He was born in Cecil County, Maryland, in 1890, had his schooling in Maryland, Wharton School of Finance and University of Pennsylvania. An accounting major during World War I he was stationed in Detroit as head of Cost Accounting with the Ordnance Department. It was here he met john Kelsey who offered him a position with Kelsey Wheel Company in 1919. In 1927, upon the death of Kelsey, he was elected President and then Chief Executive Officer, a position he held until his retirement in 1973.
His contributions to the automobile industry stemmed from his unique and valued relationship with most of the real pioneers. Through Kennedy’s Counsel and working relationship with these men he was able to provide major technical innovations in keeping with the needs of industry change.
He was perceptive and masterful in his ability to anticipate the technical requirements to improve American automobiles. His dedication to new technologies served up products and manufacturing processes that revolutionized automobile design and engineering of chassis components such as wheels, disc brake calipers, rotors, combination brake valves, power boosters and skid control systems.
Kennedy was an early advocate of disc brakes for American cars. There was an initial problem of adapting disc brakes to heavy American automobiles. Under his direction, the project was a success and the vented unicast gray iron rotor has been standard since the middle 1960’s. This one effort has saved the industry and consumers millions of dollars and accelerated the acceptance of disc brakes on American cars.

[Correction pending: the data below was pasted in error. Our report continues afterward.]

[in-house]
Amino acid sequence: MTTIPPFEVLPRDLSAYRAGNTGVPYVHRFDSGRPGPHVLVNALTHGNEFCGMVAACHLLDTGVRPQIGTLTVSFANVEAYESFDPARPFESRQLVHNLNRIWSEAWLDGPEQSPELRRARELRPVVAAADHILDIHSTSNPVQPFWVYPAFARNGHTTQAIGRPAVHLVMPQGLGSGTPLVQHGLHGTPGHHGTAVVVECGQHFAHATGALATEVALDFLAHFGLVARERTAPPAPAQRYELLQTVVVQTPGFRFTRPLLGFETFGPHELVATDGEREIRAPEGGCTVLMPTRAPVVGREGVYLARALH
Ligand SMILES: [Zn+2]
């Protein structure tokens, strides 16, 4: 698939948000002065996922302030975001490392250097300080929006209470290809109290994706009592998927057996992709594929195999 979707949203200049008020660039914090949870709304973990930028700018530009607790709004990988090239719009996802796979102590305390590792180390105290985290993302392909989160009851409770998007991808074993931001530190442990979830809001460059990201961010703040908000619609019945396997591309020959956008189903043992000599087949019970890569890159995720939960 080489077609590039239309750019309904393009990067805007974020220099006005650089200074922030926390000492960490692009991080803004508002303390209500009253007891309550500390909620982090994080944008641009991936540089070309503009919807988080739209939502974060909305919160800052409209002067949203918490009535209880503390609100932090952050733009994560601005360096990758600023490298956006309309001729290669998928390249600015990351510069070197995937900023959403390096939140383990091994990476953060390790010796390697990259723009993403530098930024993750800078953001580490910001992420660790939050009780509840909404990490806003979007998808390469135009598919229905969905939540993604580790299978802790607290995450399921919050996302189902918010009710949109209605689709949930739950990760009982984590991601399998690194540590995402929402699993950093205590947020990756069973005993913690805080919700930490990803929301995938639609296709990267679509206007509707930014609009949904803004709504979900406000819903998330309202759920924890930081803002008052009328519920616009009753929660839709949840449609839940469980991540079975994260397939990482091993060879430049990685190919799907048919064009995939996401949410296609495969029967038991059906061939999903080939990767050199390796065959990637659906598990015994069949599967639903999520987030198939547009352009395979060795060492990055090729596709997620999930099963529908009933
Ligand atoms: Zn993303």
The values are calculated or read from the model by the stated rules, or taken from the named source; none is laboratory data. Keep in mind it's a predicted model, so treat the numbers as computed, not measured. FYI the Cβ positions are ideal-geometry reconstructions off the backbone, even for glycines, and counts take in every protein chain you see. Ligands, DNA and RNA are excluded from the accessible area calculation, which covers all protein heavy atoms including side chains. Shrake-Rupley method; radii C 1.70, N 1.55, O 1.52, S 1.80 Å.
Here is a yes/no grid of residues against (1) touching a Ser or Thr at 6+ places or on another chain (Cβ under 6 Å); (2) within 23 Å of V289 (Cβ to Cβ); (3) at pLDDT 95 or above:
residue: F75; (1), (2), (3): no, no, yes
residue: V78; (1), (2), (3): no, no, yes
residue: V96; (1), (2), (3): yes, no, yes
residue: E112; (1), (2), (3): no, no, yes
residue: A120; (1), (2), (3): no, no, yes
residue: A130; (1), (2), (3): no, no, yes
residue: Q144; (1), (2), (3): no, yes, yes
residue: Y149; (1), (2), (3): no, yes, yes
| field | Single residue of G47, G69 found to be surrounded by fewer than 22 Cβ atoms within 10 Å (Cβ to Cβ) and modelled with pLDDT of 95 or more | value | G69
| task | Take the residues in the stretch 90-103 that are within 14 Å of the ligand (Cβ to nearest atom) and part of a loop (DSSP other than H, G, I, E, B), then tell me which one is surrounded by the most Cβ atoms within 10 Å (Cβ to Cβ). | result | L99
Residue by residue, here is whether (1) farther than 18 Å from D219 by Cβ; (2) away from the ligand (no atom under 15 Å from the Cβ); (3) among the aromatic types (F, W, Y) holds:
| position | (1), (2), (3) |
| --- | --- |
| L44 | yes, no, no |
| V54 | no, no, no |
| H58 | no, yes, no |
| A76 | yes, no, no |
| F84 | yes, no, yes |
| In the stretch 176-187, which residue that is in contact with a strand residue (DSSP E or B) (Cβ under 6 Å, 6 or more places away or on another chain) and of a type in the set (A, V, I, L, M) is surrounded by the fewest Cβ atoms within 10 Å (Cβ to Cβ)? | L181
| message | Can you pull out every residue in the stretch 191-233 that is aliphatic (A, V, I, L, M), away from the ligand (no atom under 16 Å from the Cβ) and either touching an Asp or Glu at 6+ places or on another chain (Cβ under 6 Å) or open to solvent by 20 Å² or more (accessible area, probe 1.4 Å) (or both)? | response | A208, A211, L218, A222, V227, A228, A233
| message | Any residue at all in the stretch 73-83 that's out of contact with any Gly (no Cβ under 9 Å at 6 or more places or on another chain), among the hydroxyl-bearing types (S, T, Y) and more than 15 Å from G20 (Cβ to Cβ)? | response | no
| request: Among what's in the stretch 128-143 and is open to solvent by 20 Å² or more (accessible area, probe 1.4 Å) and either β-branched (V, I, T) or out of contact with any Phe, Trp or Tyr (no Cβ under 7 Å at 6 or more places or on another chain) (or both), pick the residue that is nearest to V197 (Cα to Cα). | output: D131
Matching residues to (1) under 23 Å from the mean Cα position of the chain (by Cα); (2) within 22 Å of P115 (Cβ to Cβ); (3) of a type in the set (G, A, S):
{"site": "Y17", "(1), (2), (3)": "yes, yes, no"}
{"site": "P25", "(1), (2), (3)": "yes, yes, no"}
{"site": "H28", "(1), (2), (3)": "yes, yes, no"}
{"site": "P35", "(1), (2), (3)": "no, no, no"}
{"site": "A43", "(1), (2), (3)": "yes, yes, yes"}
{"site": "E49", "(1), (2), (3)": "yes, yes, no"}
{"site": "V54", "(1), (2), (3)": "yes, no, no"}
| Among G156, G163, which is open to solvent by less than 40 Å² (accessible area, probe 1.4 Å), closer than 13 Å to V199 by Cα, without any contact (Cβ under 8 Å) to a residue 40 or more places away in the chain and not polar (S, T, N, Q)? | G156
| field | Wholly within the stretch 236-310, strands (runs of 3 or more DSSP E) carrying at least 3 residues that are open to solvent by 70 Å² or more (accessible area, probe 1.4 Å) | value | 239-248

Most major advancements in the design and manufacturing of automotive wheels since the day of wooden spoke wheels were developed at Kelsey-Hays under Kennedy’s direction; exclusive method for mass production of wire wheels; development of first all steel automobile wheel; first use of fully automatic riveting rims and discs of wheels; introduction of spot-weld process for wheel assembly – thus bringing the first major breakthrough of high volume wheel manufacturing; introduction of the Tru-Centric process for making rounder wheels with low run-out for smoother rides.
Before weight and energy was a motivating force in the industry, George Kennedy urged his research group to explore the possibilities of a fabricated aluminum wheel and a plastic wheel. As a result, Kelsey-Hayes became the first company in the world to announce production plans for 1979 cars using the revolutionary aluminum wheel made from sheet or strip material. This wheel saved from 45% to 50% the weight of a comparable steel wheel.